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How to calculate the financial stress levels of your ratepayers

June 28, 2022

A How-To-Guide

First it was COVID,now it is a double dose of inflation & interest rates causing a new wave of hardship for Australian ratepayers. 

According to a new survey conducted by NAB, 20% of Australians have been unable to pay their mortgage or a critical bill at least once during the last three months. 

As stress mounts, the challenging part for local government leaders is knowing exactly how “big” this problem actually is within their local community. 

What are red and green ratepayers?

Regardless of market conditions, two types of ratepayers will always exist in any economic climate.

Top ratepayers (referred to herein as ‘green’ ratepayers) are those individuals who despite market conditions will always pay on time. This is due to a number of factors including high household income, high household savings, psychological attributes (i.e. organised personality) & payment history. Green ratepayers account for approximately 3-8% of the total ratepaying population. 

Negative ratepayers (referred to herein as ‘red’ ratepayers) are those individuals who are already in a state of financial stress despite market conditions. This group also includes individuals who do not treat their financial obligations to third parties seriously and are often in periods of arrears & default. Red ratepayers account for approximately 3-5% of the total ratepaying population

What are ‘invisible ratepayers’ ? 

Unlike red and green ratepayers, the vast majority of individuals are classed as ‘invisible.’ This means that both their level of payment stress and ability to pay is completely unknown. The only indicator councils can use to determine this is historic payment data, however this is often hard to access in ERP/CRM systems and even then, only indicates whether a ratepayer has been in arrears historically, not whether they are likely to be facing stress now.

Do red, green and invisible ratepayers change during an economic recession?

In times of economic hardship, a higher percentage of the population shifts over time from the green & invisible zone to the red zone. This has several impacts on councils:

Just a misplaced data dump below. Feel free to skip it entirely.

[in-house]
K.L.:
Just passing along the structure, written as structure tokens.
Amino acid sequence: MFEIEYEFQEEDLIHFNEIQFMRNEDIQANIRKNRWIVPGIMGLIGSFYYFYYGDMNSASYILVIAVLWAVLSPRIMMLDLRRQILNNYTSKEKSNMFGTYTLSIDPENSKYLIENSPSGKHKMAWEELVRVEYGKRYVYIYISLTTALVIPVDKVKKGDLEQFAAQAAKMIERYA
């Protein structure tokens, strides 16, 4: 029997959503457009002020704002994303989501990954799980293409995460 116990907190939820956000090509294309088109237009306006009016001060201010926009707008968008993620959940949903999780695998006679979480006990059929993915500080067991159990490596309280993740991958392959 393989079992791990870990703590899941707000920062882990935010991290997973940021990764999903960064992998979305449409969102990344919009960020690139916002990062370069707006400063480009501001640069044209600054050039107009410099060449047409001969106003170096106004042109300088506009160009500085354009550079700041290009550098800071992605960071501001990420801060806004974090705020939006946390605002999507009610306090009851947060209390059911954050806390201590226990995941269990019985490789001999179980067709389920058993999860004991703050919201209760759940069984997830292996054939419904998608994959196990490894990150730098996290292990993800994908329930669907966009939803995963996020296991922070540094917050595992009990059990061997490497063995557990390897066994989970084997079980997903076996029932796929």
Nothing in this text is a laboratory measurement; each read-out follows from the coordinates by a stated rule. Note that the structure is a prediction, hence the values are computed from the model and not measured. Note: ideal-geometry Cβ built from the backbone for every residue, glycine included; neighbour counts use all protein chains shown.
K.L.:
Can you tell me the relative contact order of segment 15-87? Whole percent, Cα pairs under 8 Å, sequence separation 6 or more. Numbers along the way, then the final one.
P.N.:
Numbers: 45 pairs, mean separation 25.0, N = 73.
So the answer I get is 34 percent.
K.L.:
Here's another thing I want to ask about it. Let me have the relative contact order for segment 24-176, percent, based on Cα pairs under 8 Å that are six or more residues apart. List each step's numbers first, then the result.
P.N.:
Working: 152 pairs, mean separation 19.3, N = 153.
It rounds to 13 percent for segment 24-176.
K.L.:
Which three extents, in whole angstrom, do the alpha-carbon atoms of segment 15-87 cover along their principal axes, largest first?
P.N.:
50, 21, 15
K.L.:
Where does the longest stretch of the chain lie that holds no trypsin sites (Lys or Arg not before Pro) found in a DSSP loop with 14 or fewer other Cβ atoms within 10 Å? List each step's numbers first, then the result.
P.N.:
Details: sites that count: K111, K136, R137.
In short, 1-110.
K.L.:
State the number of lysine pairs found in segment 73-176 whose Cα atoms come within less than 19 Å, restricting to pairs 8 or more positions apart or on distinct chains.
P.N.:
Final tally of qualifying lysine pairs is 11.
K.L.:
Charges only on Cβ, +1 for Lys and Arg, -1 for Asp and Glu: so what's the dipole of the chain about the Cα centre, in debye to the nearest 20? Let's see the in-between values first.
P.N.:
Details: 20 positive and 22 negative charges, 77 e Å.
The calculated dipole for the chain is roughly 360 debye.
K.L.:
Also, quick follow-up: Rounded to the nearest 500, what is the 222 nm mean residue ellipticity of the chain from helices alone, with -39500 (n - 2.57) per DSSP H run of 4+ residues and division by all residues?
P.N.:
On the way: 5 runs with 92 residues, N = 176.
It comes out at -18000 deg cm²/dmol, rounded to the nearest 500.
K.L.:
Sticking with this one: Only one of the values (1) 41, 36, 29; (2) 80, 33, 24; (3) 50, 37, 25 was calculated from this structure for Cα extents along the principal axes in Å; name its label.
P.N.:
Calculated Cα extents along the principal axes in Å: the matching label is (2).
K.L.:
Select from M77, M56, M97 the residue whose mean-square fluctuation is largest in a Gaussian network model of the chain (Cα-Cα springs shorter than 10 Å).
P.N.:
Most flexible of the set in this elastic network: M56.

1. Reduced customer satisfaction as hardship increases
  2. Increased arrears volume
  3. Increased collections 
  4. Increased calls to council around arrangements/hardship measures

How can councils respond to this effectively? 

Rather than responding to changing market conditions reactively; councils can become proactive by using technology like Payble to reach out to ratepayers to determine their level of financial wellbeing before events like arrears come into play. In this way, options can be prepared and offered to reduce payment stress & reduce the future burden on the individual & council management. 

In addition, if this technology is used regularly, councils can even begin to predict payment failures and arrears before they happen! 

Can you show me an example? 

Using the Payble Pulse feature - you can determine the level of stress for your residents in three easy steps. 

Step 1: - Select our billing sentiment pulse check from the menu

Step 2 - Choose an audience for sending

Upload a CSV of your resident data or connect our platform to a tool like Infor Pathway, TechnologyOne or Civica Authority

Step 3 - View and triage who needs help via our interactive dashboard

Want to try this out in your council?

Get in touch with us here and we can set you up with a free version of the Payble Pulse tool & also demonstrate our other products driving value for local government bodies around Australia

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